January 20, 2010

Tipping the Scales

Restaurant foods and frozen meals contain more calories than they claim, study finds

“If people use published calorie contents for weight control, discrepancies of this magnitude could result in weight gain of many pounds a year,” says Susan B. Roberts. Photo: iStock

Even as a growing number of fast-food and chain restaurants display the calorie contents of their dishes on websites and menus, eaters should exercise caution. Those meals often contain substantially more calories than advertised, according to a Tufts study.

Researchers analyzed the calorie content of 18 side dishes and entrees from national sit-down chain restaurants, 11 side dishes and entrees from national fast-food restaurants and 10 frozen meals purchased from supermarkets. They compared their results to the calorie content information provided to the public by the restaurants and food companies.

On average, the researchers found the dishes contained 18 percent more calories than claimed by the restaurants. Two side dishes exceeded the restaurants’ reported calorie information by nearly 200 percent. The researchers also found that frozen meals had on average 8 percent more calories than listed.

“If people use published calorie contents for weight control, discrepancies of this magnitude could result in weight gain of many pounds a year,” says senior author Susan B. Roberts, director of the Energy Metabolism Laboratory at the Jean Mayer USDA Human Nutrition Research Center on Aging at Tufts.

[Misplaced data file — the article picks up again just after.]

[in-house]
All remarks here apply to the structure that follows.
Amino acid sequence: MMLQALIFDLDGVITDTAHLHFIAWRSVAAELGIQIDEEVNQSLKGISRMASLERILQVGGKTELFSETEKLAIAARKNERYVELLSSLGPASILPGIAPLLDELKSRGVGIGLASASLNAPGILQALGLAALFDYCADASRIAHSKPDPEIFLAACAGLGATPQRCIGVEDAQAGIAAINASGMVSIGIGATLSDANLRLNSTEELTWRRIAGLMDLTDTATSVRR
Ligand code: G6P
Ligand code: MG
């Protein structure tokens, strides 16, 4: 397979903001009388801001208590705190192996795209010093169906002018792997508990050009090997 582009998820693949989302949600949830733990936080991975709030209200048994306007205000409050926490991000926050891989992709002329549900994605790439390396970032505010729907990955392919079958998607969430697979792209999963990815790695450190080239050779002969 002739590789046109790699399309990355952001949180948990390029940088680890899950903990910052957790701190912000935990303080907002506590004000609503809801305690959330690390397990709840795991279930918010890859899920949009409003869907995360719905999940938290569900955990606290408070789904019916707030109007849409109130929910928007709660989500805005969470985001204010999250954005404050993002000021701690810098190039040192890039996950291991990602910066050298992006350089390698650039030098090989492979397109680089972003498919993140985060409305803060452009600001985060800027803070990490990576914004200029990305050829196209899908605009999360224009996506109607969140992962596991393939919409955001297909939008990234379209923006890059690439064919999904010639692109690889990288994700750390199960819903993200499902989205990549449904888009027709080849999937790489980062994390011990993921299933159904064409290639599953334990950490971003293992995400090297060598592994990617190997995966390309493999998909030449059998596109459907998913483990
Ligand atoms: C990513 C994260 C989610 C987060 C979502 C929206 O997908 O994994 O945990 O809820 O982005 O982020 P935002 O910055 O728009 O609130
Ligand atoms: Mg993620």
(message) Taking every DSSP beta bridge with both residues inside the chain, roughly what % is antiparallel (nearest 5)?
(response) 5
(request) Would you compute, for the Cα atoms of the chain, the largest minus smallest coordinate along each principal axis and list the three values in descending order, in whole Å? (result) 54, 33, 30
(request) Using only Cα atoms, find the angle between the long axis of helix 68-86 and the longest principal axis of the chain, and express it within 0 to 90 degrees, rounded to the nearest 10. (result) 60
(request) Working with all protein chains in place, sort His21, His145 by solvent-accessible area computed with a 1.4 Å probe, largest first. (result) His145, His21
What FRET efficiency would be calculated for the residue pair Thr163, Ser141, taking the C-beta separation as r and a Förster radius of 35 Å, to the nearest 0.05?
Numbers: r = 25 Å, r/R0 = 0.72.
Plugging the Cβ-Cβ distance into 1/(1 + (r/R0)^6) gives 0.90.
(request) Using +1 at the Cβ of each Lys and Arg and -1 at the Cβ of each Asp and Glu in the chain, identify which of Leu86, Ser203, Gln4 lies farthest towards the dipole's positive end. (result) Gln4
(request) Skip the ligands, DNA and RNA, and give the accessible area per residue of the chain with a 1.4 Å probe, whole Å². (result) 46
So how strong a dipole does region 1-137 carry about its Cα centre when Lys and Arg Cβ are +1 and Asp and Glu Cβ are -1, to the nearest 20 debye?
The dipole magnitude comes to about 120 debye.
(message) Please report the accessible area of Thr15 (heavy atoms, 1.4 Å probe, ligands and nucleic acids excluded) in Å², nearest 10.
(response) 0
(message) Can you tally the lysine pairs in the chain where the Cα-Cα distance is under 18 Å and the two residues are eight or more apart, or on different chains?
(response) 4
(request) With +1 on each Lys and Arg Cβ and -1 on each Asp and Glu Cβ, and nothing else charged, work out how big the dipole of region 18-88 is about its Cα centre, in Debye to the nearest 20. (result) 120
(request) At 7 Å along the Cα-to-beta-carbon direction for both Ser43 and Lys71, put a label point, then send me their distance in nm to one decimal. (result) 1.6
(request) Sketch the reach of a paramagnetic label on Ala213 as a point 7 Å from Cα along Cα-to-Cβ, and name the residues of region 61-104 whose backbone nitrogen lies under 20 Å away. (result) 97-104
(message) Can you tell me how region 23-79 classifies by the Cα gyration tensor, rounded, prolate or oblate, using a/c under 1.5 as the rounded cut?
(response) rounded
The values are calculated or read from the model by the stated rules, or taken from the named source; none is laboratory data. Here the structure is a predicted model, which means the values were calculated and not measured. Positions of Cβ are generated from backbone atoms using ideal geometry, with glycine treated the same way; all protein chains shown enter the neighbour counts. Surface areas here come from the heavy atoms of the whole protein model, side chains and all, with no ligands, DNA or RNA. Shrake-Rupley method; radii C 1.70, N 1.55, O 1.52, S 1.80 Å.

More studies are needed to determine the extent of calorie miscounting. “Because we analyzed a relatively small sample of food, additional research testing more foods will be needed to see if this is a nationwide problem,” says Roberts, who is also a professor at the Friedman School of Nutrition Science and Policy.

The researchers tested frozen foods straight out of their packages and restaurant foods based on the actual portions served. “When we went one step further and calculated calorie content based on the portion size listed on the restaurant’s nutrition literature, the discrepancies between our results and the restaurant’s results decreased, which suggests oversized portions were part of the problem,” says Roberts.

Five of the restaurants offered free side dishes, which were not factored into the calorie information provided for the entrées. The researchers noted that on average, the side dishes contained more calories than the entrées they accompanied.

“Restaurant menus and websites should be as clear as possible,” Roberts says. “For example, listing the calorie contents of free side dishes on separate pages from entrees may mislead customers about how much they are eating and may prevent them from making informed decisions between different side dish choices.”

The findings also raise a red flag about recent municipal initiatives requiring restaurants to publicize nutrition information. “If the goals of these policies are to encourage a healthier society and weight loss, inaccurate calorie content information could well hamper these efforts,” Roberts says.

Writing in the January issue of the Journal of the American Dietetic Association, the study authors attribute the smaller 8 percent discrepancy between their results and the calorie content information from the frozen food companies to Food and Drug Administration (FDA) oversight of nutrition fact information labels. Current FDA rules are more lenient toward underreporting calories than over-reporting them.

In addition to Roberts, the researchers on the study were Lorien E. Urban, N09; Gerard E. Dallal, a senior scientist at the HNRCA; Lisa M. Robinson, a nutritionist in the Energy Metabolism Lab; Lynne M. Ausman, a Friedman School professor; and Edward Saltzman, a scientist in the Energy Metabolism Lab.

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